I was in Toys R Us in Brent Cross the other day with my kids, pondering the true miracle of Christmas — that thanks to capitalism, global poverty has halved in just a generation, and we are now able to feed, clothe and shelter record numbers of people — and buy them lots of presents.
My two-year-old was screaming because he wanted some toy cars, just a handful of fun things among an awesome display of toys that are far better, and cheaper, than they were when I was a child — and available to more people, not just in Britain but across the world.
Some of my happiest memories as a child revolve around Christmas and rampant consumerism; sure, they concern things I probably didn’t need and which, to a spiritual, mature person are meaningless. But this festival is for children, and that’s why I never really get the whole anti-Christmas thing, of which we’ve seen a few examples in the last 24 hours include.
The two most common gripes about Christmas are that it’s consumerist and that it should be about the birth of Christ; some Christians make both complaints while their successor faith, the secular Left, focuses on the former.
Unlike in many parts of the world, where the celebration of Christmas is prohibited, British Christians are free to celebrate Christ’s birth.
I went to a Christmas service on Monday and no one from the National Secular Society threatened to chop my head off. But for many people December 25 is not necessarily about the same thing as it is for believers, for Christmas has never been an entirely Christian festival. Like much of European culture it’s a fusion of Abrahamic religion and native, pagan custom; long before St Augustine came along our ancestors celebrated Yul, feasting on slaughtered animals and drinking themselves senseless. Our northerly climate requires something like it, because otherwise life would become intolerable.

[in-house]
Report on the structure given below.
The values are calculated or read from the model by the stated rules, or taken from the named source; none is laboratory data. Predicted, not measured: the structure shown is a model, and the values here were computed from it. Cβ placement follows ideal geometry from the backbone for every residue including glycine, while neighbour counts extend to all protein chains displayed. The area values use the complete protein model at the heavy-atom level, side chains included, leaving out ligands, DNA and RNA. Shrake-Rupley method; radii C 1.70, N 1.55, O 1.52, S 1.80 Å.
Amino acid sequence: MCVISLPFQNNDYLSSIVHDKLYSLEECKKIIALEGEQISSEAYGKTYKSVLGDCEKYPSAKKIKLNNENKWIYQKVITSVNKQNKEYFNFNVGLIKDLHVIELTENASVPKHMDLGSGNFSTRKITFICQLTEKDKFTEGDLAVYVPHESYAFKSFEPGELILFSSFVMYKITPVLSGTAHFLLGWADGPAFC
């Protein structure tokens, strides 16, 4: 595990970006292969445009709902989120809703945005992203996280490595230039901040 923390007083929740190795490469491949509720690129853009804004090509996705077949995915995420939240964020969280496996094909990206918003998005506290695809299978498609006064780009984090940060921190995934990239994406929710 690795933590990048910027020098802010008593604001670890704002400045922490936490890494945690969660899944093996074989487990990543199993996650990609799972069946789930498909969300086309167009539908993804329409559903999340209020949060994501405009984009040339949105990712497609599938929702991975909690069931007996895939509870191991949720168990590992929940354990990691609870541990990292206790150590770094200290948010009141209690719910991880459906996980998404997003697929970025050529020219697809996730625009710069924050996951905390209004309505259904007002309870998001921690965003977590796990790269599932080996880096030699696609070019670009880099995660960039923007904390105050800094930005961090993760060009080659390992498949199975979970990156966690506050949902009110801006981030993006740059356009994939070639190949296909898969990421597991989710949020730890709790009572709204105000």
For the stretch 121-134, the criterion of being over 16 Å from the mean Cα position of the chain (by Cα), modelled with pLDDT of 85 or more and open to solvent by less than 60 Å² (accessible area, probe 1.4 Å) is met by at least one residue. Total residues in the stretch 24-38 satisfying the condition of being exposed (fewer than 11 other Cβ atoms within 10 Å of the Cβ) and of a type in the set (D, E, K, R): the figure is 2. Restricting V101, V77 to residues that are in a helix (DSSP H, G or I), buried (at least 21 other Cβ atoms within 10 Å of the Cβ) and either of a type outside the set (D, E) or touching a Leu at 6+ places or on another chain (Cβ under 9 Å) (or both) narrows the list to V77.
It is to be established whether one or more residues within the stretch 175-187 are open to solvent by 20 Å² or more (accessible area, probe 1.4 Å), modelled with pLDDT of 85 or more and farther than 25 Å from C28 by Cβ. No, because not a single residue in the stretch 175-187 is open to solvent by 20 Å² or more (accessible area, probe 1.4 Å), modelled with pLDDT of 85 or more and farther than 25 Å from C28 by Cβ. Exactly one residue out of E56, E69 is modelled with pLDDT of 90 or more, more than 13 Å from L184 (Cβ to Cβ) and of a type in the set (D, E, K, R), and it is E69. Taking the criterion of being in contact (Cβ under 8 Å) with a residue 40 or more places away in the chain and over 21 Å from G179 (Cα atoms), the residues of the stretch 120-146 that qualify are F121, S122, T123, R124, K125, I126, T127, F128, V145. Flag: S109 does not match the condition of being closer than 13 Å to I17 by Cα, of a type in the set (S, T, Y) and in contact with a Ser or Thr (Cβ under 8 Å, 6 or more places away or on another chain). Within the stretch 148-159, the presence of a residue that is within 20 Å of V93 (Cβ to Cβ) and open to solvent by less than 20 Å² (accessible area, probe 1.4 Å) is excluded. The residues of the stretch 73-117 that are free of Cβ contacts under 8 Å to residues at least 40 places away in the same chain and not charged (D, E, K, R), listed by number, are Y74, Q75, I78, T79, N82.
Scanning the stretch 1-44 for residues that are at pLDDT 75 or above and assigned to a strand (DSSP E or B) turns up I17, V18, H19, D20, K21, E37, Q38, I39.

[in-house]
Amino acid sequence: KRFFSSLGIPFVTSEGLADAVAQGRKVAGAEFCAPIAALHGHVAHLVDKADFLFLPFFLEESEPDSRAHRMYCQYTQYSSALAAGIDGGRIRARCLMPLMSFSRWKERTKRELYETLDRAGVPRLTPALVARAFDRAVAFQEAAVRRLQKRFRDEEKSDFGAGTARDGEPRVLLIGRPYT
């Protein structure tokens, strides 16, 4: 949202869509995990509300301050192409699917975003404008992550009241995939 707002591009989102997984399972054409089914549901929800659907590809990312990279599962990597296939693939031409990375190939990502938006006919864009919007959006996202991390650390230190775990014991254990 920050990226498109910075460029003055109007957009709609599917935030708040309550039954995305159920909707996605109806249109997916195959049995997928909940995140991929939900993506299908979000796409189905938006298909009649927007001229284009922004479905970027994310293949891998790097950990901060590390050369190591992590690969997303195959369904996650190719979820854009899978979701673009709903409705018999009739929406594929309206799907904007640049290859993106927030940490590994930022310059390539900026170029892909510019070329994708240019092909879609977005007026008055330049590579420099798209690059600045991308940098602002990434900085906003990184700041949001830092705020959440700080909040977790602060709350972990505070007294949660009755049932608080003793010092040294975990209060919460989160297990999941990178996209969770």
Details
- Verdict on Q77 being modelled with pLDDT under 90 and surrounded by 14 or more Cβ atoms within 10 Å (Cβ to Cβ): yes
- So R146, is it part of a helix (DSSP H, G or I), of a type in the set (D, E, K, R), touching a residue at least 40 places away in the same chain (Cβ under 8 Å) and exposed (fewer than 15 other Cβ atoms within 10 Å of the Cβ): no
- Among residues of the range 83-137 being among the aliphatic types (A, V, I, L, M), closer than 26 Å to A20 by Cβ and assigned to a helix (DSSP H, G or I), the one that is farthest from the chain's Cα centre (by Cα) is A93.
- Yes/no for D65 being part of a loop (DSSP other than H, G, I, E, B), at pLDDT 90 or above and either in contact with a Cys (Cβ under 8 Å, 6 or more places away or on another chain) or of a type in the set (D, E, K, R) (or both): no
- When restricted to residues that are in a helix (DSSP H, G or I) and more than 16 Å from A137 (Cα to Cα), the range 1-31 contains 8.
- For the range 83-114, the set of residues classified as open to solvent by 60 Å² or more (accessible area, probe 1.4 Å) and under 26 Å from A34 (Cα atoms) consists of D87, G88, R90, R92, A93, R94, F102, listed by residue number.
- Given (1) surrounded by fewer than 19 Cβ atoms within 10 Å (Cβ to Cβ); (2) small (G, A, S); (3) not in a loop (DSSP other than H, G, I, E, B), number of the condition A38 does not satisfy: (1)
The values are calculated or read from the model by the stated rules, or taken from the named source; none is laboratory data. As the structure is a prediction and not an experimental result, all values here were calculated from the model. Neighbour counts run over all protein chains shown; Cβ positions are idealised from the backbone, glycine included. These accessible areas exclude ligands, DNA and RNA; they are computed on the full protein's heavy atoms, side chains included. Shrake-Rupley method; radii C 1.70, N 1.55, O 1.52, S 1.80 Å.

The main difference between Yul and Christmas is that the latter is about children, and the celebration of one in particular. Since the industrial revolution and the growth of capitalism has allowed for the invention of childhood, by bringing down child mortality levels and creating a consumer market, Christmas has become essentially a celebration of children. The whole thing was re-invented by the Victorians, or more specifically Prince Albert, who introduced German customs such as Christmas trees; these were the same Victorians who basically invented the idea of sentimentalism in popular culture. (Schmaltzy John Lewis adverts would have had the Victorians in tears.)
I found Christmas fairly miserable from about the age of 12-29. Realising I could drink for free, without parental censure, around age 16 was something of a breakthrough, but otherwise the whole thing was fairly uninspiring. But it all changed when I became a father aged 30, and I wonder to what extent one’s view on whether the whole thing is an awful commercialised a waste of time is correlated with whether one has children.
As for the ‘commercialisation’ of Christmas, Kristian Niemietz of the capitalist running dog think-tank the IEA recently summed it up in an article, ‘Tis the Season to be Sneering‘: when people talk about consumerism they mean other peoples’ consumerism.